Course architect’s legacy guaranteed to live on

The world of golf lost one of its finest gentlemen and most accomplished architects in February when Geoffrey S. Cornish, 97, died peacefully in his sleep at his home in Amherst, Mass.

A man of extraordinary energy, vision, generosity and kindness, Cornish designed over 200 golf courses in his lifetime, a majority of them in New England. His name will live forever on the golf playing fields he most artfully created.

Cornish and his longtime associates – Bill Robinson, Brian Silva and Mark Mungeam – were responsible for New Hampshire courses such as Grantham Country Club, Bretwood Golf Club and Sunningdale. He added holes to or renovated Abenaqui C.C., Hanover C.C., Wentworth by the Sea C.C., Beaver Meadow G.C. and Province Lake C.C.

In Massachusetts his most popular layouts include The Pines Course at The International Golf Club, Cranberry Valley G.C., Captains G.C. on Cape Cod, Stow Acres G.C., Nashawtuc C.C. and Trull Brook G.C. in Tewksbury.

Born in 1914 in Winnipeg, Manitoba, Canada, Cornish began his golf career in 1935, with famed Canadian golf course architect Stanley Thompson, as a construction supervisor, and worked on many of Canada’s greatest golf courses.

Cornish’s work with Thompson was interrupted in 1940 when he joined the Canadian Army and took part in the Allied Invasion at Normandy. He served for five years in France, Belgium, Holland and Germany, attaining the rank of Major.

After returning to Canada after the war, Cornish emigrated to the United States to attend graduate school at the University of Massachusetts in Amherst, where he received a masters degree in Agronomy. He made Amherst his home for the rest of his life.

It was in Amherst that Cornish met and married the love of his life, the former Carol Burr Gawthrop. Their loving partnership endured for 52 years until her passing in 2003.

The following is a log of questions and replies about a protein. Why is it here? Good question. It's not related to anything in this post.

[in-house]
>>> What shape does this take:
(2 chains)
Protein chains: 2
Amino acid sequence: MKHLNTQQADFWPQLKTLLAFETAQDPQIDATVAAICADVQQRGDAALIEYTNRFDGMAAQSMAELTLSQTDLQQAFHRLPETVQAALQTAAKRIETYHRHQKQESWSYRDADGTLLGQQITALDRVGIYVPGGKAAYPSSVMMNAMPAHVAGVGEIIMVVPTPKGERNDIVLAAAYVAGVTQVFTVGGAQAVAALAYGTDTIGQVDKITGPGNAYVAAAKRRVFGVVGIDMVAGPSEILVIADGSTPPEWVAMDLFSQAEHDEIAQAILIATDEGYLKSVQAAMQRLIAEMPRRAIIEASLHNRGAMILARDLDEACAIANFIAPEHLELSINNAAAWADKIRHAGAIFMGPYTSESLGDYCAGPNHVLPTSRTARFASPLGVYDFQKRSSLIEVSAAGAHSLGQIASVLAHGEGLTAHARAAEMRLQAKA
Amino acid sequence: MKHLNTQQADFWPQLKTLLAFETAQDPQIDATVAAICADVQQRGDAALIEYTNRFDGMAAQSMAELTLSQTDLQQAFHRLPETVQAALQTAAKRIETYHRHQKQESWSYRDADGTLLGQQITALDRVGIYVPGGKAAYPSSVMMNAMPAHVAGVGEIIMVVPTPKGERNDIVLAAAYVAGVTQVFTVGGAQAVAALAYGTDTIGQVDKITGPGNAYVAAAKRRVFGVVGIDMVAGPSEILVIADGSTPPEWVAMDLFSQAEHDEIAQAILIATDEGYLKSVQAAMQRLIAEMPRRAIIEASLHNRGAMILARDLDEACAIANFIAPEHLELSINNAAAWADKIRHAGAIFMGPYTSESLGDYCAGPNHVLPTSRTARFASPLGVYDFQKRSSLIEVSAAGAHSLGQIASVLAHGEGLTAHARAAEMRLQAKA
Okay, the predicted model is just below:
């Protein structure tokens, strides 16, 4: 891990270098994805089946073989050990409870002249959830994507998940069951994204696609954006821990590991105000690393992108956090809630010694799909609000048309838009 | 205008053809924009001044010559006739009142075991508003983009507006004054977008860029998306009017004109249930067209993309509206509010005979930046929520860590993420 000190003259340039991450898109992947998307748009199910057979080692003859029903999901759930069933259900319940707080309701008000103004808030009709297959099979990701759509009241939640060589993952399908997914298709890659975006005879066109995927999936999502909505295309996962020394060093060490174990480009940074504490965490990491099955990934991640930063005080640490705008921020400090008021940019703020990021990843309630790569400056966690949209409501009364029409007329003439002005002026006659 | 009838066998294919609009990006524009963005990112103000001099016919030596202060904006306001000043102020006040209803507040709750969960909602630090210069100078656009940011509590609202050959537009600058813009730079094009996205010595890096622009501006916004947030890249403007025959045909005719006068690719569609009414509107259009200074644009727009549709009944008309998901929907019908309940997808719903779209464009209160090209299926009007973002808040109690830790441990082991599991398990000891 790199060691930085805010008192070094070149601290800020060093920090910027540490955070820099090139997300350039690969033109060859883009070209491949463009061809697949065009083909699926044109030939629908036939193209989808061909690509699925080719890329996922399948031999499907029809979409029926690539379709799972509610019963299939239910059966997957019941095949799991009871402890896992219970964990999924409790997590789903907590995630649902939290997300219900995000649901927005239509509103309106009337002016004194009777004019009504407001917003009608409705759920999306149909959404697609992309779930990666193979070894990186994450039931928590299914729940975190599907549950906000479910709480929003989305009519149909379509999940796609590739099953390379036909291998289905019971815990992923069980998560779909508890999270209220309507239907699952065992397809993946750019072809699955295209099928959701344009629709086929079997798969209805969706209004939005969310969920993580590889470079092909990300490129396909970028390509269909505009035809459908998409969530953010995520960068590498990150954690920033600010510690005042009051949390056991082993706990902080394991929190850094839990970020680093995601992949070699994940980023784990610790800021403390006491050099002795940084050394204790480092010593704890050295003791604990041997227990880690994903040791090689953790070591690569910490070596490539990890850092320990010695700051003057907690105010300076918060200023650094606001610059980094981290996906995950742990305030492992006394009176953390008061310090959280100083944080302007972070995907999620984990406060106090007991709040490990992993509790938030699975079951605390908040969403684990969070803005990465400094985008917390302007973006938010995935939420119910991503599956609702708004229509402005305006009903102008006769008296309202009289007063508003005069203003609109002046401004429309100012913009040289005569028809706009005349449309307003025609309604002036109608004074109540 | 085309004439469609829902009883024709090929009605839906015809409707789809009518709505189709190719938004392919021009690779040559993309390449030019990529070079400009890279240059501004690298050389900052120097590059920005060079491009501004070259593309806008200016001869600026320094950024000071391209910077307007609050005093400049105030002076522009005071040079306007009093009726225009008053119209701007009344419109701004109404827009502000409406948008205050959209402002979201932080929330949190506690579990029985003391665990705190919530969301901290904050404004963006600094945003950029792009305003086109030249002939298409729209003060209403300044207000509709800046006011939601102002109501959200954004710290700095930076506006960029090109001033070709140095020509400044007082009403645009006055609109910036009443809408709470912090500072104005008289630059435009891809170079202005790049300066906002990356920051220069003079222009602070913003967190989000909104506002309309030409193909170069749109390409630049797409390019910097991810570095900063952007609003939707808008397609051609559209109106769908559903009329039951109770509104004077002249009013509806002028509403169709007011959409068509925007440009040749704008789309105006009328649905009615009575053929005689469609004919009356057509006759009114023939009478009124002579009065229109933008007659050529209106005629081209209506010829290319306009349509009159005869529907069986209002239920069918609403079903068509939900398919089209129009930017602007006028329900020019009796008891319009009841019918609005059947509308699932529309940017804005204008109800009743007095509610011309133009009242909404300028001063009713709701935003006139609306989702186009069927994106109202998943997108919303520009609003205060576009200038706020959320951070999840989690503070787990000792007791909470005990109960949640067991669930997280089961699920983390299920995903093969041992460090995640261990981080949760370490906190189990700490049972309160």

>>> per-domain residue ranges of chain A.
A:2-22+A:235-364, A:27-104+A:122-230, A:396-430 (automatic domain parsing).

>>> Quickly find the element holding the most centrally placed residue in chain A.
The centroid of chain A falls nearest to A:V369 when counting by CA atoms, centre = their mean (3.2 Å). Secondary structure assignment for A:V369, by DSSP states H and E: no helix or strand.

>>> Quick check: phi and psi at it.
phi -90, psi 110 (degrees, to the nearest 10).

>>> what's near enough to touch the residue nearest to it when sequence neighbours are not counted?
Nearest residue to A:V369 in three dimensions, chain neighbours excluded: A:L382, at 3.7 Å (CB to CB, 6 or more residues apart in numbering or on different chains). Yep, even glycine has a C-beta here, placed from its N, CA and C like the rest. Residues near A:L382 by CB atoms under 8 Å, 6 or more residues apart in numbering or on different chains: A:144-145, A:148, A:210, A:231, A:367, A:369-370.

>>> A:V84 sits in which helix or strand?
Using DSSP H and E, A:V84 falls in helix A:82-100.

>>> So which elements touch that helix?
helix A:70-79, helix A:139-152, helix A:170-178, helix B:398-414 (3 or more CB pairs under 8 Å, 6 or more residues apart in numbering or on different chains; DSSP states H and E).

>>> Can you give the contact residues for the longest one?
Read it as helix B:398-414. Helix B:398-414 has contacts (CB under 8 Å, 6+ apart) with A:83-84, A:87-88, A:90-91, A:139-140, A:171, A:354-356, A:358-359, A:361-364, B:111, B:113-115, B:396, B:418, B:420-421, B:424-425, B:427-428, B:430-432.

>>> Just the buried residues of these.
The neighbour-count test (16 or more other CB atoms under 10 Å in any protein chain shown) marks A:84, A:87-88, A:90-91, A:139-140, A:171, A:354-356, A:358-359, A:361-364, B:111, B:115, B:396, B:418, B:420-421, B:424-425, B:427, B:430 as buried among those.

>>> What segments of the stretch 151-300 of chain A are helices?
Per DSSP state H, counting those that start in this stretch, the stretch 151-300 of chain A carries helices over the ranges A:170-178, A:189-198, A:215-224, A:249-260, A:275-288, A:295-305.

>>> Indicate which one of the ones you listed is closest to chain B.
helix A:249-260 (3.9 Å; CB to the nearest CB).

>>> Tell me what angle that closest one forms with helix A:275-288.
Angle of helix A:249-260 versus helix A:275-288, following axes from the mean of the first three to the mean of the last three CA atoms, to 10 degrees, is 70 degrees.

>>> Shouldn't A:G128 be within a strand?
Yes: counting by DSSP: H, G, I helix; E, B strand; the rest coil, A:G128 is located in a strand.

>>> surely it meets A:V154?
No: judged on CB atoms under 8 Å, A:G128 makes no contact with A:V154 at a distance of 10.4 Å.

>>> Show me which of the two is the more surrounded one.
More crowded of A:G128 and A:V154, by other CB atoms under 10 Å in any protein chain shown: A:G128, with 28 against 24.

A past president of the American Society of Golf Course Architects, Cornish was also an honorary member of the European Institute of Golf Course Architects. In 1987, he was awarded an honorary degree of Doctor of Science from UMass.

In 1996, Cornish was inducted into the Canadian Golf Hall of Fame. In the same year, he received the silver medal at the Silver Jubilee Conference of the British Institute of Golf Course Architects and the Distinguished Alumnus Award from the Alumni Association at UMass.

In 2004. Cornish was the recipient of many national awards for his service, including the GCSAA Distinguished Service Award in 1981.

In the 1980’s, Cornish wrote “The Architects of Golf” with Ron Whitten of Golf Digest. It has been considered the bible on golf course design history,

Cornish was the last living connection to what has become known as the “Golden Age” of Golf Course Architecture, and his knowledge of the history of golf course design was encyclopedic. He knew all the greats including Donald Ross, A. W. Tillinghast, William Flynn on up to Robert Trent Jones, Sr, Pete Dye and Tom Fazio.

I had the distinct honor and privilege of working with Mr. Cornish on a book a couple years ago, which was one of the greatest experiences of my life. Most golf course architects are self-promoting egomaniacs, but Cornish was a man of great dignity and humility who made a profound impression on anyone who had the privilege of knowing him.

Per Cornish’s wishes there was no funeral or memorial services. However, a group of his friends and former associates– including myself, Brian Silva, Mark Mungeam and Tim Gerrish– have organized a golf tournament in his honor, the Geoffrey Cornish Invitational, to be held on Aug. 15 at The International Golf Club in Bolton, Mass.

The tournament will be played on The Pines Course, which was Cornish’s first solo 18-hole design done in 1959. Today the course is private but the ownership and management of The International were kind enough to host the event for us on this historic course.

The event is a 1 p.m. shotgun start and the player fee is $200 which includes a box lunch, golf on The Pines, cart and banquet dinner. Sponsorships are also available. For more information log onto or call 802-380-4945.

Wayne Mills can be reached at